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Hawkes Wine Shows Restraint in Alexander Valley
By Tina Caputo
Jan 22, 2008
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During the Russian River Wine Road's "Winter Wineland" event last weekend, I was lured to an unfamiliar winery with the promise of homemade dim sum, paired with wine.  Since Chinese New Year begins on Feb.  7, I thought the experience could be a good jumping-off point for a column about pairing wine with Chinese food.  Well, it wasn't.  The dim sum was tasty, and a couple of the wines were decent matches for the food, but something outshone the novelty of the Chinese New Year theme:  The wines. 

Due to the current fad for ultra-ripe, high-octane California reds, it's become a bit of a challenge to find wines with food-friendly acidity and balance.  But the Hawkes Winery wines definitely fit that description--particularly the Cabernet Sauvignon. 

Although the cooler climate of northern Sonoma County's Alexander Valley, where the winery's grapes are grown, is partly responsible for keeping alcohol and ripeness levels in check, the style is also the result of a conscious effort by winemaker Jacob Hawkes.

Hawkes' father, Stephen, began growing grapes in the Alexander Valley in 1971.  In 2002, after three decades of selling fruit to the likes of Silver Oak, Sebastiani and Vérité, the family began making wine from its three vineyards: The Pyramid, Home Ranch and Red Winery Road.  Today, Hawkes produces an annual total of 3,000 cases of Cabernet Sauvignon, Merlot and Chardonnay from the family's 80 acres of vineyards. 

Though Jacob grew up in the vineyards of Alexander Valley, he says he had no real desire to become a farmer.  Instead, he was drawn to the winemaking side of the business. 
 
'I don't want to grow grapes and harvest them at 28 Brix (Brix measures the sugar level in the grapes), and pretend people can tell what they are and where they came from,' Hawkes says. 

He prefers to pick the winery's Alexander Valley Cabernet Sauvignon at around 24 Brix, which results in a wine that weighs in at a modest 13.8% alcohol.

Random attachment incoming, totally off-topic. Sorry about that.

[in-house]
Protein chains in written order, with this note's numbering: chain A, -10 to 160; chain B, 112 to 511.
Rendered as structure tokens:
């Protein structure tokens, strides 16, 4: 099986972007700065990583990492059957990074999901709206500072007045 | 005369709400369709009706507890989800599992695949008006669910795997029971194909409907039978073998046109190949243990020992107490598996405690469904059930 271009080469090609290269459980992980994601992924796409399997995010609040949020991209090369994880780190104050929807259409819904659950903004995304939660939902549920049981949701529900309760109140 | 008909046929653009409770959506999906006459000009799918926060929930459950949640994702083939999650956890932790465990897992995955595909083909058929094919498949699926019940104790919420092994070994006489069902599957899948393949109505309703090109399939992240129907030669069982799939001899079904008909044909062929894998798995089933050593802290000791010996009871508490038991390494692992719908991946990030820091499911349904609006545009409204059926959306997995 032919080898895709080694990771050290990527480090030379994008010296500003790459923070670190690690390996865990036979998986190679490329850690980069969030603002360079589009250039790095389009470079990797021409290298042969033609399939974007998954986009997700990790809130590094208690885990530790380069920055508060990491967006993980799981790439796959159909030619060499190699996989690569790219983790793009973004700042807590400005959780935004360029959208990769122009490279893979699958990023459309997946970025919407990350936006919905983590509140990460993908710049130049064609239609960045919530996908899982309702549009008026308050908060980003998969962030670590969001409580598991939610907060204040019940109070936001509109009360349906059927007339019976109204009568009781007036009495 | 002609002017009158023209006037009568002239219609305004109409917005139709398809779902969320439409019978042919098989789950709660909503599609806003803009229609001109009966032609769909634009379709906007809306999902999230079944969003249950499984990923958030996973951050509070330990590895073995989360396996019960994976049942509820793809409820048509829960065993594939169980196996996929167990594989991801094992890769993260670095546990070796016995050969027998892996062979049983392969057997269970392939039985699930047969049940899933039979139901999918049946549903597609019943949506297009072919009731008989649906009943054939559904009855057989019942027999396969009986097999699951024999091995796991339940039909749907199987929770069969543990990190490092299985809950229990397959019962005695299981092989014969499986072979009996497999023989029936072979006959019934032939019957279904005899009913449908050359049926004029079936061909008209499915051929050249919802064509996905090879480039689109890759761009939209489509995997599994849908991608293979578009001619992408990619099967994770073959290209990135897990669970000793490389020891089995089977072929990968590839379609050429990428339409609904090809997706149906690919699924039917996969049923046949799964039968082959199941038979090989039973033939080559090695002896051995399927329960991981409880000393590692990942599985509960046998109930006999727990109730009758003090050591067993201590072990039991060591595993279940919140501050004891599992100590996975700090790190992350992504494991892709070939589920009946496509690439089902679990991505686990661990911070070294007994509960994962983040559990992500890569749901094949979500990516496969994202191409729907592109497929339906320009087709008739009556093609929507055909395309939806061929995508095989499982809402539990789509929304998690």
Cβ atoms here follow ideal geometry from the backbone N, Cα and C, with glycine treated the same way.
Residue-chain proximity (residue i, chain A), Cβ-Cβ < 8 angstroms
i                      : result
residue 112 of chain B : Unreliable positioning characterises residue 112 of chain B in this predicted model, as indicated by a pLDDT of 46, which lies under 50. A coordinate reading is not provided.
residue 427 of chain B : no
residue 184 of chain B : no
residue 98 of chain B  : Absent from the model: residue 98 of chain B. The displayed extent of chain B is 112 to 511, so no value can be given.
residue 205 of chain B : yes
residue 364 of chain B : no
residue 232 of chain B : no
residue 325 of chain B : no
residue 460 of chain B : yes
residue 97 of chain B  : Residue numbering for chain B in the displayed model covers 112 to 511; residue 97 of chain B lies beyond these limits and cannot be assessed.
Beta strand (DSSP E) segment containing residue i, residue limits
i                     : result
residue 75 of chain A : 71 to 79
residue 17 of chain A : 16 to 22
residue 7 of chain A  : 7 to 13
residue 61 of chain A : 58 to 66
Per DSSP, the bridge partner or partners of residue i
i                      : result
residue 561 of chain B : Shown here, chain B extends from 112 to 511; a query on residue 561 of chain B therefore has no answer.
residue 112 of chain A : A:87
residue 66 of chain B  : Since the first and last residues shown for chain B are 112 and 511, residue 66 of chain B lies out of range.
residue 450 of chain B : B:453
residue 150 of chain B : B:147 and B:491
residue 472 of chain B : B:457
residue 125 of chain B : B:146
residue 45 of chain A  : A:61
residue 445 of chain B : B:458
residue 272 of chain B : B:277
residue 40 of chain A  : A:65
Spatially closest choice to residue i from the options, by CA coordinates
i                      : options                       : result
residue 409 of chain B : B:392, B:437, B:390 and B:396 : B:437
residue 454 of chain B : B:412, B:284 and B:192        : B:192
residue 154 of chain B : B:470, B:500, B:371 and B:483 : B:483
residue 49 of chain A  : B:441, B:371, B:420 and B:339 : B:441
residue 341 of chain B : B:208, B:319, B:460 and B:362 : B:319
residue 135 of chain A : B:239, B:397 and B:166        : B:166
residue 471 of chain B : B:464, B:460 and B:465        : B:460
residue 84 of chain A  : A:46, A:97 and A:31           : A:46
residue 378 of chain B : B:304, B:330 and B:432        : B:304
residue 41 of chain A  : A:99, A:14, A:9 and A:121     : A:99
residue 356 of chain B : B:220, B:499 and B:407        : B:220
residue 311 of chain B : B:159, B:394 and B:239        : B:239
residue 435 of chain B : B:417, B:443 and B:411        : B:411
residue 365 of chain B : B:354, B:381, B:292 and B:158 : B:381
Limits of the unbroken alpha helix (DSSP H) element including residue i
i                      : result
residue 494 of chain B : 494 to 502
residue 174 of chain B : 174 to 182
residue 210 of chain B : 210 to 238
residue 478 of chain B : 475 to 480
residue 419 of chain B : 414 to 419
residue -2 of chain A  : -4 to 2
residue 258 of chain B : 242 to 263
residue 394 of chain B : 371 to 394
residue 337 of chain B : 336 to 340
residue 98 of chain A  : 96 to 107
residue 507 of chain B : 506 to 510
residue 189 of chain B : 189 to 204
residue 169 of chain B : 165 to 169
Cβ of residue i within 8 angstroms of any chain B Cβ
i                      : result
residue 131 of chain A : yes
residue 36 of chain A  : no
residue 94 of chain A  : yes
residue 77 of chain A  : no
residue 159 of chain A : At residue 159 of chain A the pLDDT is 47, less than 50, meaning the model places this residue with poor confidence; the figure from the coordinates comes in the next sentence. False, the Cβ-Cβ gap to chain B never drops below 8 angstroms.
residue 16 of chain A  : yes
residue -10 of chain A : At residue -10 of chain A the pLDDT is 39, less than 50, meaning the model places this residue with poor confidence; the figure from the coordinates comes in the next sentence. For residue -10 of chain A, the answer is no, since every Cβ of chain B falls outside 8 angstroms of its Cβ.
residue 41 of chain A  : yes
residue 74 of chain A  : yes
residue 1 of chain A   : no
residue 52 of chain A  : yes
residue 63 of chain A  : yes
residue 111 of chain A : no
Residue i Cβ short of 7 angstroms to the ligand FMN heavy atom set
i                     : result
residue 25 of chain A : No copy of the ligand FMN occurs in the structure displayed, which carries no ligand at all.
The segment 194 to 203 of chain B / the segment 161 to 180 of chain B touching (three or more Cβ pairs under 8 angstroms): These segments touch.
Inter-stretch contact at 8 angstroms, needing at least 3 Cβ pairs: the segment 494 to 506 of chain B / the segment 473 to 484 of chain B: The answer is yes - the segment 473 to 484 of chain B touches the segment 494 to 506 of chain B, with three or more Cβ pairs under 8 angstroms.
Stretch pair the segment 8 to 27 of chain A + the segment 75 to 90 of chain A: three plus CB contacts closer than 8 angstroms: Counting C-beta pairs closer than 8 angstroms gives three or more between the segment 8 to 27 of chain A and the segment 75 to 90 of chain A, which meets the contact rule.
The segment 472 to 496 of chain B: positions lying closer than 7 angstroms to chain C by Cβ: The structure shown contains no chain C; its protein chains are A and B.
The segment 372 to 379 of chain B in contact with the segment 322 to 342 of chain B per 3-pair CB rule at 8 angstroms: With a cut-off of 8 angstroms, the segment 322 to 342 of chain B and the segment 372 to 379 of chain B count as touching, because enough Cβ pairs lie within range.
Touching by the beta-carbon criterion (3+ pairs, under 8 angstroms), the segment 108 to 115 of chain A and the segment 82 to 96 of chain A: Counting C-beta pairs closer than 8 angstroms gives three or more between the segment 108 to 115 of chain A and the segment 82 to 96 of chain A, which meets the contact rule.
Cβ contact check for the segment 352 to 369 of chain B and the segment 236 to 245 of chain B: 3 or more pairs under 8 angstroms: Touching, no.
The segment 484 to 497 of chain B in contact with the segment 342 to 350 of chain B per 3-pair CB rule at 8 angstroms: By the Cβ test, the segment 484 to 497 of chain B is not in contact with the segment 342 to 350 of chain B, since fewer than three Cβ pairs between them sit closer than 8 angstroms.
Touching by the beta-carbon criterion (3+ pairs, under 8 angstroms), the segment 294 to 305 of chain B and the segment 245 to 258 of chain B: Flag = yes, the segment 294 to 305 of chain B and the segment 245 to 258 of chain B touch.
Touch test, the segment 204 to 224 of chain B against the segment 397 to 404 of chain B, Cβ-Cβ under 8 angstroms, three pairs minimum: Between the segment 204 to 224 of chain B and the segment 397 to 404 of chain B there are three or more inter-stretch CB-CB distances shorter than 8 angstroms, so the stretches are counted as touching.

Hawkes' Chardonnay sees very little oak--just 15% of the wine is aged in older French oak barrels--and no malolactic fermentation (a winemaking technique used to add softness to wine), which lets the crisp, citrus character of the fruit to shine through.  If you love mouth-filling, vanilla-infused Chardonnays, this is not the wine for you. 

Hawkes says he understands that this style of wine will probably never grab the attention of blockbuster-loving Wine Spectator, critics, but that's OK with him.  'I hope that [more reserved style] ends up being our niche, as opposed to big alcohol bombs,' he says.  "We'll just have to find another way to sell the wine."

Hawkes describes his home region of Alexander Valley as "structured Bordeaux country," which is evident in his balanced, food-friendly wines:   

Alexander Valley Cabernet Sauvignon 2003 ($40):  Leather and spice aromas give way to blackberry flavors, along with balanced tannins and acidity.  The fruit is ripe enough for instant gratification, but the wine's structure makes it suitable for aging.  Yum. 

Red Winery Road Cabernet Sauvignon 2003 ($60):  This single-vineyard Cab is more fruit-forward in style than the Alexander Valley Cab, with ripe, dark fruit flavors and supple tannins.  A delicious combination of fruit, power and balance. 

Alexander Valley Merlot 2004 ($30):  The wine has spicy red cherry fruit, with a pleasant touch of vanilla.  I also tasted the 2003 vintage, which has darker fruit character and is nicely balanced. 

In 2005, Hawkes plans to release four Cabernets, including a vineyard-designated wine from each of the family's three Alexander Valley vineyards. 

As you might imagine, Cabernet isn't the world's best match for Chinese dim sum, but another Hawkes tasting room attraction is:  Tea.  Stephen Hawkes became an avid teapot collector several years ago while searching for a replacement pot on eBay.  Now he owns more than 100 teapots from around the world, dating back to the 18th century.  About 50 are on rotating display in the tasting room, and Stephen is happy to tell visitors the story behind each one.  Along with wine, the tasting room sells--you guessed it--tea. 

The Hawkes tasting room is located at 6734 Highway 128, in Healdsburg, next to the Jimtown Store.  The wines are also available on the winery's website (www.hawkeswine.com), and are distributed in 10 U.S. states. 

In addition to being a regular contrubutor to Wine Review Online, Tina Caputo is a senior correspondent for Wines & Vines magazine and the California correspondent for Harpers, the Wine & Spirit Weekly.